Recently I've been studying Fourier analysis through Stein's book, and there is a section there dedicated to Weyl's Equidistribution Theorem, specifically,

A sequence $(\xi_n)_n$ in $[0, 1)$ is equidistributed if, and only if, for each $k\in\mathbb{Z}_{\neq 0}$ we have $$\lim_{N}\frac{1}{N}\sum_{n=1}^N e^{2\pi i k \xi_n}=0.$$

Now, I'm pretty confident that I understand Stein's proof, but I don't have any intuition for this result, and it uses a deep fact of Fourier analysis, that continuous functions can be approximated by trigonometric polynomials.

I think I got a nice intuition for the "only if" part: it is pretty straightforward to show (and intuitive to see) that if $(\xi_n)_n$ is equidistributed, so is $(\{k\xi_n\})_n$, and then for each $N$ the sequence $e^{2\pi i k \xi_1}, \dots, e^{2\pi i k \xi_N}$ behaves like the vertices of a $N$-sided regular polygon, and then its barycenter must be close to $0$, and the approximations get better as $N\to\infty$.

The "if" part is what I'm struggling with. I've tried the following. Suppose that $\xi_n$ is not equidistributed. Then there exists a interval $[a, b)$ and some $\varepsilon>0$ such that $$\left|\frac{\#\{1\le n\le N: \xi_n\in[a, b)\}}{N}-(b-a)\right|>\varepsilon$$ infinitely often. With some transformations, we can assume that $a=0$ (take $\xi_n'=\{\xi_n-a\}$). Moreover, we can assume that $$\frac{\#\{1\le n\le N: \xi_n\in[0, b)\}}{N}-b>\varepsilon$$ infinitely often (just take the interval [b, 1) otherwise and redo the previous step). Now, I hoped that there would be some $k$ such that, infinitely often, the points $e^{2\pi ik\xi_n}$ would cluster too much in some arc (because of the interval $[0, b)$), and this would prevent the mean from being too close from $0$. See the image below. But when I sat down to try to make sense of this argument, I couldn't get much further, as it is kinda hard to control the behavior of $\{k\xi_n\}$.

Does this idea have any truth to it, or is it a lost cause? Also, if you guys have other ideas, I'd like to read them.

I remind you thatt I'm just looking for some intuition, and the idea doesn't have to be super rigorous.

An example of my idea, if it worked as intended

  • 1
    $\begingroup$ I thunk the ituitio comes from probability. Equidistribution of a sequence $\xi_n$ is "similar" drawing i.i.d samples $(U_n:n\in\mathbb{N})$ from the uniform distribution in $[0,1]$. The law of large numbers number will give you the "expected" result $\frac1n\sum^n_{k=1}e^{2\pi I k U_n}\xrightarrow{n\rightarrow\infty}0$ for $k\in\mathbb{Z}\setminus\{0\}$. $\endgroup$
    – Mittens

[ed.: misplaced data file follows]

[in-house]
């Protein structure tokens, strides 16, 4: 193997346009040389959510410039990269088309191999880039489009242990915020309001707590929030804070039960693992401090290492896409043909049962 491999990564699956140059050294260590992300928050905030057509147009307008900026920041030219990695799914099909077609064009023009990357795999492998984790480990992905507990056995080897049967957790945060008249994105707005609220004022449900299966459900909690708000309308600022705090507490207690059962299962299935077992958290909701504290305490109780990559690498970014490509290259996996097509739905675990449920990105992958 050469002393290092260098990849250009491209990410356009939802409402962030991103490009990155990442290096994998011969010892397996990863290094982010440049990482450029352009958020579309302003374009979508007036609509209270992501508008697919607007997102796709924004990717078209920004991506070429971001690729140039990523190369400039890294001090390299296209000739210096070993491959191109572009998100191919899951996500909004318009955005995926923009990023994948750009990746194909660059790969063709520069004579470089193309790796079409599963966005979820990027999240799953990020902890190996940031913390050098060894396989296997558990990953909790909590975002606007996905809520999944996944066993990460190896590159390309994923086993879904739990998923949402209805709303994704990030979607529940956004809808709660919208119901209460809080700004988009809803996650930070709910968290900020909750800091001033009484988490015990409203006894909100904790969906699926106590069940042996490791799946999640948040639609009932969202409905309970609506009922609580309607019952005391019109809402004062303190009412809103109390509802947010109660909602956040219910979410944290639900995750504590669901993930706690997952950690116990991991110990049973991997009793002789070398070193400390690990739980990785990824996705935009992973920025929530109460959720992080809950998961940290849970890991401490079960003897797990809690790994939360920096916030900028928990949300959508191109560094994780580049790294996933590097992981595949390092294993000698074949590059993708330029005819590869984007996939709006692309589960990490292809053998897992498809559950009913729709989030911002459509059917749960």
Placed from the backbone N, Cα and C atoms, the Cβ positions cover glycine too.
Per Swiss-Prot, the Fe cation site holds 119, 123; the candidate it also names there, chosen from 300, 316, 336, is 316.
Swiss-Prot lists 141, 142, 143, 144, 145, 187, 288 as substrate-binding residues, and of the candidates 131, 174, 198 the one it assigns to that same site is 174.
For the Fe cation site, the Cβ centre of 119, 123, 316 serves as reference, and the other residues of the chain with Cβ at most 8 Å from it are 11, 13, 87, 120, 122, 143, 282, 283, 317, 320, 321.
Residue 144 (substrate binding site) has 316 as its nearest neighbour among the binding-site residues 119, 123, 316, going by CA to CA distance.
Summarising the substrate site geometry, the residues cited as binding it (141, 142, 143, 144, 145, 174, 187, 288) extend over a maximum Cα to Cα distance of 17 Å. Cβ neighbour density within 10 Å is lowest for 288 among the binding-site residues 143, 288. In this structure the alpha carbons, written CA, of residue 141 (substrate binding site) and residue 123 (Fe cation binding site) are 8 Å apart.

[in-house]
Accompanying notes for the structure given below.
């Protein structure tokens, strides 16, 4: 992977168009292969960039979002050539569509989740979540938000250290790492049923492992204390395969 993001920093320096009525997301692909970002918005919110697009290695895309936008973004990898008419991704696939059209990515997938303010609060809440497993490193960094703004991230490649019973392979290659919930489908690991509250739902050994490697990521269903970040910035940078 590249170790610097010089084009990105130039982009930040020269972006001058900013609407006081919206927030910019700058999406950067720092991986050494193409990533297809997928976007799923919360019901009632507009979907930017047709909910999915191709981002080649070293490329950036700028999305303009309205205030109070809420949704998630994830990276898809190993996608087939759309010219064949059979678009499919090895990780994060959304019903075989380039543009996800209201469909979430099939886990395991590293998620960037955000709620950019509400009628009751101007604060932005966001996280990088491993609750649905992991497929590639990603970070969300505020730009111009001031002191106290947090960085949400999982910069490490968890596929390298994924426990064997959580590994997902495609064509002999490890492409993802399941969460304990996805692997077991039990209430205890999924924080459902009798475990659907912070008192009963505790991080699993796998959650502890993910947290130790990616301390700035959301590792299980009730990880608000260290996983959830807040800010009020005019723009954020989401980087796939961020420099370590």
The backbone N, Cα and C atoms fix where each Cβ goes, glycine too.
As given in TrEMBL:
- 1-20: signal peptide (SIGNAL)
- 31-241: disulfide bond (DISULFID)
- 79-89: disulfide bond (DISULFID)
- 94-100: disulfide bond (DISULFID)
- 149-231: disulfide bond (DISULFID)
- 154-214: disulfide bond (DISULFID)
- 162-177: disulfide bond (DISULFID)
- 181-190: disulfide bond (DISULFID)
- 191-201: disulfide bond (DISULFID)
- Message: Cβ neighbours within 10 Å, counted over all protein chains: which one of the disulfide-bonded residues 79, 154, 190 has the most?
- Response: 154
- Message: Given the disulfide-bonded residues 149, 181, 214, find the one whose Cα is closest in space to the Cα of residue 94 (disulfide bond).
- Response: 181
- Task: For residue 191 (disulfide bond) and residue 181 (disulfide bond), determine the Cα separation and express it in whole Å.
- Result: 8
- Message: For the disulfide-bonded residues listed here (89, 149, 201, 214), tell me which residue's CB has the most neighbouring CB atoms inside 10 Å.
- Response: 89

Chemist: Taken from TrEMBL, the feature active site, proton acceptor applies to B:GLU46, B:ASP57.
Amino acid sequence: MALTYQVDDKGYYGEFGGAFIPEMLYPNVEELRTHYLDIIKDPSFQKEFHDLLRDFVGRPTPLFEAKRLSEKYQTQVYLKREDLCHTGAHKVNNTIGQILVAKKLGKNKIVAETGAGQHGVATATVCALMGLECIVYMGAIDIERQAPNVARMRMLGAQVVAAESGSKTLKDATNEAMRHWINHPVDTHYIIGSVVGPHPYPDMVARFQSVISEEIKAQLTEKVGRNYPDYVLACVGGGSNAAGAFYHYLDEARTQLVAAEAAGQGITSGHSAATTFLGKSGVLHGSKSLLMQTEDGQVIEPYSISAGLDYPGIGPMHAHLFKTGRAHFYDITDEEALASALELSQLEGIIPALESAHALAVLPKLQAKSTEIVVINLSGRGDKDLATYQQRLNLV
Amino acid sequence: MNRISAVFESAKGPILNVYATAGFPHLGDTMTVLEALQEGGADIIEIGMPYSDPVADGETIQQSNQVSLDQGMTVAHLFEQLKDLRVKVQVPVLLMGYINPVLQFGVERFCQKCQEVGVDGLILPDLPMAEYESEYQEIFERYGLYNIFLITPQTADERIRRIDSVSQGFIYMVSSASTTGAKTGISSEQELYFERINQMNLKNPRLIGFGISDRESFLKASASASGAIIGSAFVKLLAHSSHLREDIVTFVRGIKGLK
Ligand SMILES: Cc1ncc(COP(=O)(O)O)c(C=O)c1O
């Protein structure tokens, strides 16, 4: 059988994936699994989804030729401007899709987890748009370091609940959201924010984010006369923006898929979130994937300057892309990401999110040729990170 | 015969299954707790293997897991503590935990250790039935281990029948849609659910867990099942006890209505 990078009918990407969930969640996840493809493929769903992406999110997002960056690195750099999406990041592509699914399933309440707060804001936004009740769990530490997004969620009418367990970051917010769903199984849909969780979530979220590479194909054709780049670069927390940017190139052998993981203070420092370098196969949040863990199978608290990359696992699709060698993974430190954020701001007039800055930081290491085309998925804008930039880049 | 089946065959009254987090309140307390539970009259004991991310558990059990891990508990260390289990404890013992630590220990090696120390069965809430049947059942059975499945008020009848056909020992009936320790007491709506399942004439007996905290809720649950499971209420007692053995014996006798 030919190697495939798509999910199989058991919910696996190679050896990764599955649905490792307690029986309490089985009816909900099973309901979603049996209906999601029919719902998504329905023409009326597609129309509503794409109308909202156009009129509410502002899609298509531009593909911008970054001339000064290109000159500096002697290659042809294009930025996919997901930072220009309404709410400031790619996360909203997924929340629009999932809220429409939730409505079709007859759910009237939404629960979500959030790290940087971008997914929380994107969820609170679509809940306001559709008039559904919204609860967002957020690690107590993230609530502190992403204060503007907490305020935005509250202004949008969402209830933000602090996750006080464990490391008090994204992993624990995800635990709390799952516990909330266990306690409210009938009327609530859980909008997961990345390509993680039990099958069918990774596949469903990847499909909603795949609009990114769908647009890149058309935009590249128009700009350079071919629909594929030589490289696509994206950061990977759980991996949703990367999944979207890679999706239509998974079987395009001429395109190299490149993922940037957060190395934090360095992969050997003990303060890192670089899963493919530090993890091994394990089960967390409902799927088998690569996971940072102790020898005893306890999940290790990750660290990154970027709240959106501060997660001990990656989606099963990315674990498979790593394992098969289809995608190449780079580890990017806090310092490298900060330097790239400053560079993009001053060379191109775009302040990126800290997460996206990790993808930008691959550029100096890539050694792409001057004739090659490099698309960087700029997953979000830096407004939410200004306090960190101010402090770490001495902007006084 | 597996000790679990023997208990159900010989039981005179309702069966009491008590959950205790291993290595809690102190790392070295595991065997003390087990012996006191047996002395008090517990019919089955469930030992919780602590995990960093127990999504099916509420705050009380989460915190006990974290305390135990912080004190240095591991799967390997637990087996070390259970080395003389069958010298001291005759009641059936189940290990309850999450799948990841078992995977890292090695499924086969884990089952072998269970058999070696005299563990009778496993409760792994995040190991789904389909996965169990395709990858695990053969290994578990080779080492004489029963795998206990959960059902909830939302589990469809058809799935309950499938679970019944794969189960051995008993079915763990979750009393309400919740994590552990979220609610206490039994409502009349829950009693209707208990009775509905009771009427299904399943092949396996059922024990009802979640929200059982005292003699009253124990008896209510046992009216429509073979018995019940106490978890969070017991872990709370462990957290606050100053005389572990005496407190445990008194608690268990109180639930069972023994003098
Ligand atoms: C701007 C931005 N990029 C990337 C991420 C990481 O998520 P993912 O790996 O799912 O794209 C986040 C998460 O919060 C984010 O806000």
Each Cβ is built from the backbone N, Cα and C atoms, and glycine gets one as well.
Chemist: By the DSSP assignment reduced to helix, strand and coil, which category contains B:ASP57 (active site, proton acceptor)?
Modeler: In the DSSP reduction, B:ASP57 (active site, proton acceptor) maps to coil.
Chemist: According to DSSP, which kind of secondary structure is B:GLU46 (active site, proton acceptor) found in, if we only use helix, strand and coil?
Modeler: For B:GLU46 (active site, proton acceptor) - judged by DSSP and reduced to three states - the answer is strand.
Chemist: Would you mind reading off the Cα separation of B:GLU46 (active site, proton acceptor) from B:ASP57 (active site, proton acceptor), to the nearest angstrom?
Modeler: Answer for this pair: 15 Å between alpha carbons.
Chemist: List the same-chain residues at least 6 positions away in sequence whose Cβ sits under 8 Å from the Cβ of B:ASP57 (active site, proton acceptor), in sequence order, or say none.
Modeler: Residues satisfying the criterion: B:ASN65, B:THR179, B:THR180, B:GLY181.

Jan 15 at 15:46
  • $\begingroup$ you may want to hear directly from the Lion's mouth $\endgroup$
    – Mittens
    Jan 15 at 19:21
  • 1
    $\begingroup$ Typo: you presumably meant "for $k\not0$, rather than $k>0$... $\endgroup$ Jan 15 at 21:15

2 Answers 2


If you want to prove the "if" part by contraposition you could go on as follows. As you've noted there is some interval $[a,b)$ such that

$$\left|\frac{\#\{1\le n\le N: \xi_n\in[a, b)\}}{N}-(b-a)\right|>\varepsilon$$

for infinitely many $N$'s, which is equivalent with

$$\left\vert\frac{1}{N}\sum_{n\leq N}\mathbb{1}_{[a,b)}(\xi_n)-(b-a)\right\vert>\varepsilon$$ but then also $$\left\vert\frac{1}{N}\sum_{n\leq N}\sum_k c_k e(k\xi_n)-(b-a)\right\vert>\varepsilon/2$$ for infinitely many $N's$ where the inner sum a sufficiently good approximation of $\mathbb{1}_{[a,b)}$ so $$\left\vert\sum_k c_k \frac{1}{N}\sum_{n\leq N}e(k\xi_n)-(b-a)\right\vert>\varepsilon/2$$ for infinitely many $N$'s, hence there exists a $k_0$ s.t. $\lim_{N\to\infty}\frac{1}{N}\sum_{n\leq N}e(k_0\xi_n)\neq0$ (with $\neq0$ I mean that the limit doesn't exist or it exists and is not equal to zero) (note that the sum over $k$ is a finite sum).


Although it may be a little fancier than one might like, depending on tastes, the hypothesis is that the average (divide-by-$N$) of a sum (over $N$) of (periodic) Dirac deltas at the $\xi_k$ has Fourier series converging (weakly!) to $1$ (all other Fourier coefficients go to zero). This has seemed a "meaningful", as opposed to "technical", explanation of the hypothesis.

Even then, the conclusion is slightly delicate, since it is stronger than the "very weak" form of the hypothesis. :)


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